In London they’re known as super-basements or iceberg basements. Wealthy residents who want palatial homes but planning laws and pricey land won’t allow them to expand up and out instead dig in. And it’s not just that these underground spaces span the width and depth of the houses. In some cases, they have several stories below the surface.
Canadian TV star David Graham made news several years ago with his plans to build a four-story house — three of which were underground. Up top is the kitchen, library, guest bedroom, and conservatory, while below is the three-car garage (with adjoining car elevator), swimming pool, and playroom. Some areas of the city have banned “excessive” below-ground extensions over noise concerns (it takes a lot to haul tons and tons of earth out of the ground) and fears that the basements could make adjacent properties unstable.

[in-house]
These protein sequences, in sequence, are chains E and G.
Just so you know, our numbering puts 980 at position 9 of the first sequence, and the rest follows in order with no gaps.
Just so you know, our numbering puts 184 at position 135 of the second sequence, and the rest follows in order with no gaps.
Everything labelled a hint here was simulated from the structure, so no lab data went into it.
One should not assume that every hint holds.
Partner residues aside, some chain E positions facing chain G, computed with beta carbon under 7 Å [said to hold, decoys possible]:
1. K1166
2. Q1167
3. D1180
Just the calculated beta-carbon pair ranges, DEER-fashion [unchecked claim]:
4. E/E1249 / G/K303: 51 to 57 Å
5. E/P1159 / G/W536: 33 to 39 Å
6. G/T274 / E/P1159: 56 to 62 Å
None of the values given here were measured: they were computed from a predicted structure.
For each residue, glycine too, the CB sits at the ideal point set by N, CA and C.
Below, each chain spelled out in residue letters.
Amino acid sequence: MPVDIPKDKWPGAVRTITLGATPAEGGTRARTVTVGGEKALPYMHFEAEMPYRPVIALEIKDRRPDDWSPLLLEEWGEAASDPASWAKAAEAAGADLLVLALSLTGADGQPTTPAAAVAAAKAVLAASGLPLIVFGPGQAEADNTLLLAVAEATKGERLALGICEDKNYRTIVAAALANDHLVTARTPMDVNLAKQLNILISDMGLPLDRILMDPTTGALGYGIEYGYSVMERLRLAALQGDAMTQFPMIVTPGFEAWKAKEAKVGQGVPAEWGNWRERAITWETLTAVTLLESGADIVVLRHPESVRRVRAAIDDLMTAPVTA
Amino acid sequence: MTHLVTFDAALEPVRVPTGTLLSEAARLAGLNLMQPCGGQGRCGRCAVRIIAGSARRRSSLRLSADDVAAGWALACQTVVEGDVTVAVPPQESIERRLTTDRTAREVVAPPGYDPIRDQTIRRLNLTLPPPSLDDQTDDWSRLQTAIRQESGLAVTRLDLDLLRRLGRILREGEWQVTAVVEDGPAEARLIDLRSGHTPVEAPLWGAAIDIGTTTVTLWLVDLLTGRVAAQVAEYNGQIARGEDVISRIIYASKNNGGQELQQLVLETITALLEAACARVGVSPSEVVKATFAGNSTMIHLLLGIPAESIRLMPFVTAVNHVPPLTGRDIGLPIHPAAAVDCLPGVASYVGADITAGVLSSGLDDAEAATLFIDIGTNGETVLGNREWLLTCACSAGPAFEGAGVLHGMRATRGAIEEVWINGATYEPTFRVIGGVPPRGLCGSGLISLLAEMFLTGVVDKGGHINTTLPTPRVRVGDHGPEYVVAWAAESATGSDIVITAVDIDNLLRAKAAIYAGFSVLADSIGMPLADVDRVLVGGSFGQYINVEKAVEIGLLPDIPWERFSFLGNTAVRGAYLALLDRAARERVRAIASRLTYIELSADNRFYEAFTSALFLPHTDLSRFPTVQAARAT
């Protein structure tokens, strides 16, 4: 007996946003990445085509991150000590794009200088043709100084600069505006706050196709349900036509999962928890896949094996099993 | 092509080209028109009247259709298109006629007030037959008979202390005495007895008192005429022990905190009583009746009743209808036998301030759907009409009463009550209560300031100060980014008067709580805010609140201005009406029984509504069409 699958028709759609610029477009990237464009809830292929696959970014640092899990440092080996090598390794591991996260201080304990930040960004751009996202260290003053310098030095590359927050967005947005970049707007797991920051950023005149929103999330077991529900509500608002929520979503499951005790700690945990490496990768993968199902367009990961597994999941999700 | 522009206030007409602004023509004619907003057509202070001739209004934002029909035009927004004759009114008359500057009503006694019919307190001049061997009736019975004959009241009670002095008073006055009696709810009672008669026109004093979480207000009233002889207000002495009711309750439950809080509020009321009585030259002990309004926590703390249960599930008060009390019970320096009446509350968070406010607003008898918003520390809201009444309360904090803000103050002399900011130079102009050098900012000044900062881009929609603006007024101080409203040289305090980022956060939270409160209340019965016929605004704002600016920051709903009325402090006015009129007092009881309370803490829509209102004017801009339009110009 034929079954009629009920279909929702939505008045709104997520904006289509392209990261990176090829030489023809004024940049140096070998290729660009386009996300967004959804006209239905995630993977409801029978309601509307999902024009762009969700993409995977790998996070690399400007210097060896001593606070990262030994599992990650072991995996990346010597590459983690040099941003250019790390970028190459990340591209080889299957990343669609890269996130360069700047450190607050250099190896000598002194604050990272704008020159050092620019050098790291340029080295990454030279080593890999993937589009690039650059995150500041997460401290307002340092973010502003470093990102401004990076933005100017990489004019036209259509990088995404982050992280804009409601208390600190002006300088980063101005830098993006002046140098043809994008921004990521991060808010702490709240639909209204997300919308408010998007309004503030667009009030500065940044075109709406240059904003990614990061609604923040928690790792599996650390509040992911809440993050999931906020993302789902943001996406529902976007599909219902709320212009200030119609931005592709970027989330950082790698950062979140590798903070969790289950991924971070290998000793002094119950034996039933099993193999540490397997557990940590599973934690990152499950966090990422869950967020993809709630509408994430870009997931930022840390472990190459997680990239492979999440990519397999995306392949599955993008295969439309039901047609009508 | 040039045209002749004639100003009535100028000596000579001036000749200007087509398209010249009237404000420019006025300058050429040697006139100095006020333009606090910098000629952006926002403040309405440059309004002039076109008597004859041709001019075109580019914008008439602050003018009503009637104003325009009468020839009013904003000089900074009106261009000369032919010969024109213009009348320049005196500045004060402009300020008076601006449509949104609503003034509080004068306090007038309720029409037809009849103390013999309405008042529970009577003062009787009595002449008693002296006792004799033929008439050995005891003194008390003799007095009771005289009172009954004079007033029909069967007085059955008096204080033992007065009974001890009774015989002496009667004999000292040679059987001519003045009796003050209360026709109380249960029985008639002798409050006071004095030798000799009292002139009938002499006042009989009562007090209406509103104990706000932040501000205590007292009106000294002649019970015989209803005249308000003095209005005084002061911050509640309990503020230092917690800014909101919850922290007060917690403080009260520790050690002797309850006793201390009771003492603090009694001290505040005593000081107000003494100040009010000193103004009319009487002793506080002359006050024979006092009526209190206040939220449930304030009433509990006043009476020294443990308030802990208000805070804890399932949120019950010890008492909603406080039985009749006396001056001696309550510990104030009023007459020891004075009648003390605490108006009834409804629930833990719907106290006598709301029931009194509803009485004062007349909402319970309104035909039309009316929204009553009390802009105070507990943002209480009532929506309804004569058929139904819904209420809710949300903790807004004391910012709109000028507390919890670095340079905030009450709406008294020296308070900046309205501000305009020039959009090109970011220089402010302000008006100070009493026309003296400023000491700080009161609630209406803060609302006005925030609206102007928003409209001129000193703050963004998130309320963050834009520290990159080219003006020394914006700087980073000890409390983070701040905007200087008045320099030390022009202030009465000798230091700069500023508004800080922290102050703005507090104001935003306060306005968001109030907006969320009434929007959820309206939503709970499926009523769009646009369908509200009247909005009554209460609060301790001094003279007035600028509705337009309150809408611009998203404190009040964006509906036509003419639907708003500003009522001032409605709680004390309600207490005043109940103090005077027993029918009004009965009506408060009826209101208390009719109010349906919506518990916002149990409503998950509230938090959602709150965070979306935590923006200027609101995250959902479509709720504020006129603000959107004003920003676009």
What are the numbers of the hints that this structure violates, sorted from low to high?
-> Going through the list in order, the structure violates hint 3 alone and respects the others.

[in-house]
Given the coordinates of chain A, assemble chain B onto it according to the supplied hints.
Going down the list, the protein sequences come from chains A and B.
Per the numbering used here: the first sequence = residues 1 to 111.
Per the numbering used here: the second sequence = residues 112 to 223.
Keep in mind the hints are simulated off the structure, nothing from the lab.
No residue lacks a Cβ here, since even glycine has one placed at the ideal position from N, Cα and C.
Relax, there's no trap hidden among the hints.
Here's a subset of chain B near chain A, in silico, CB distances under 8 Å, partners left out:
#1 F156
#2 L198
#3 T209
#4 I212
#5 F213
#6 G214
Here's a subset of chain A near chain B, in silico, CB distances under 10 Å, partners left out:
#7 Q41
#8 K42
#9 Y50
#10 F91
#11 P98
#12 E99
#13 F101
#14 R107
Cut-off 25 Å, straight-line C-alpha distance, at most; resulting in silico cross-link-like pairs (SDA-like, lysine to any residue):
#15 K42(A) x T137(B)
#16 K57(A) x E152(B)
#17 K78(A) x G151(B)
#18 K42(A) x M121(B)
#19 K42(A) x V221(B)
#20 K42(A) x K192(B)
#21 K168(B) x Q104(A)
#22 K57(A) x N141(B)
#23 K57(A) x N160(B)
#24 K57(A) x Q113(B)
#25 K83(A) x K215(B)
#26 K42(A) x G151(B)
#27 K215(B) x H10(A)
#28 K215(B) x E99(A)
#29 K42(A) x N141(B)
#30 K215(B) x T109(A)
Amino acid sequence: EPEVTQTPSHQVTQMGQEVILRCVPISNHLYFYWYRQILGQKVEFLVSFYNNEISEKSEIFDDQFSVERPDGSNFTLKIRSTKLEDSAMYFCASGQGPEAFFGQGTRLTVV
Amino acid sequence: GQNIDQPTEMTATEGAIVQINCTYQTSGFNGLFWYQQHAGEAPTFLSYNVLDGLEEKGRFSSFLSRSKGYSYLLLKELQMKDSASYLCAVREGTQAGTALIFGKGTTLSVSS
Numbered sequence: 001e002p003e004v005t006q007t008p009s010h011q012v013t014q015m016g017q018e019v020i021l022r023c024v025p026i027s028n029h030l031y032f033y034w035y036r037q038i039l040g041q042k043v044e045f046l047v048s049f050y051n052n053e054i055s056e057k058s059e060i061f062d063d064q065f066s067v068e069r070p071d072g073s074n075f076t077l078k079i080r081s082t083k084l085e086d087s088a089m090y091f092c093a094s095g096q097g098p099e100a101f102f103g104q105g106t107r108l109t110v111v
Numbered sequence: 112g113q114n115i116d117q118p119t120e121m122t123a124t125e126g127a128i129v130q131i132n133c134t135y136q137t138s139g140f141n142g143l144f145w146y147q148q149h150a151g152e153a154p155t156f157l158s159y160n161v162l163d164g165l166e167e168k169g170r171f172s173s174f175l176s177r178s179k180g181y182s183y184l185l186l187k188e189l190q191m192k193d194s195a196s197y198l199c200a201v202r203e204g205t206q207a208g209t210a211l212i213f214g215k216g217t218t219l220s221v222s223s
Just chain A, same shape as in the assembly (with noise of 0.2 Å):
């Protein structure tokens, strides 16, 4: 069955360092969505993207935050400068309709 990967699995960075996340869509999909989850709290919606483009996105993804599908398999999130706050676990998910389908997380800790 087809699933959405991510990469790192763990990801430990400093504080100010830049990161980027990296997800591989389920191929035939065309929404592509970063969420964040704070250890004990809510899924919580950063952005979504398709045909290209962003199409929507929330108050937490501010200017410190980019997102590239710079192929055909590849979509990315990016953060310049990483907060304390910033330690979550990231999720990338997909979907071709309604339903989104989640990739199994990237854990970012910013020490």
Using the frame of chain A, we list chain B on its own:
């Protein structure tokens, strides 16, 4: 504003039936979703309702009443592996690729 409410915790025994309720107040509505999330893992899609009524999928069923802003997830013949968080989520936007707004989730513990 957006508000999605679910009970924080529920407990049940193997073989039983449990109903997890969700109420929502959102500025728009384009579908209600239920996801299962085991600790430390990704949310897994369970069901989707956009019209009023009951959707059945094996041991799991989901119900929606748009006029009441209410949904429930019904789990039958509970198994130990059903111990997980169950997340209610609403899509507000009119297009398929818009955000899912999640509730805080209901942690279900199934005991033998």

Another area with extremely expensive property and lots of millionaires is also seeing an increase in bigger basements: Silicon Valley. “What you’ll commonly see are spas, movie theaters, hobby rooms — you name it,” real estate agent Arthur Sharif told Mercury News. Other agents have seen subterranean spaces outfitted with pools, bowling alleys, racquetball or basketball courts, or cavernous garages for luxurious cars.
But who knows? One day it might be more than billionaires and their over-the-top underground lairs that are burrowing into the earth. Some futurists predict earthscrapers — multilevel buildings built underground instead of in the sky — could catch on as the world’s population grows and we run out of space to put everyone.
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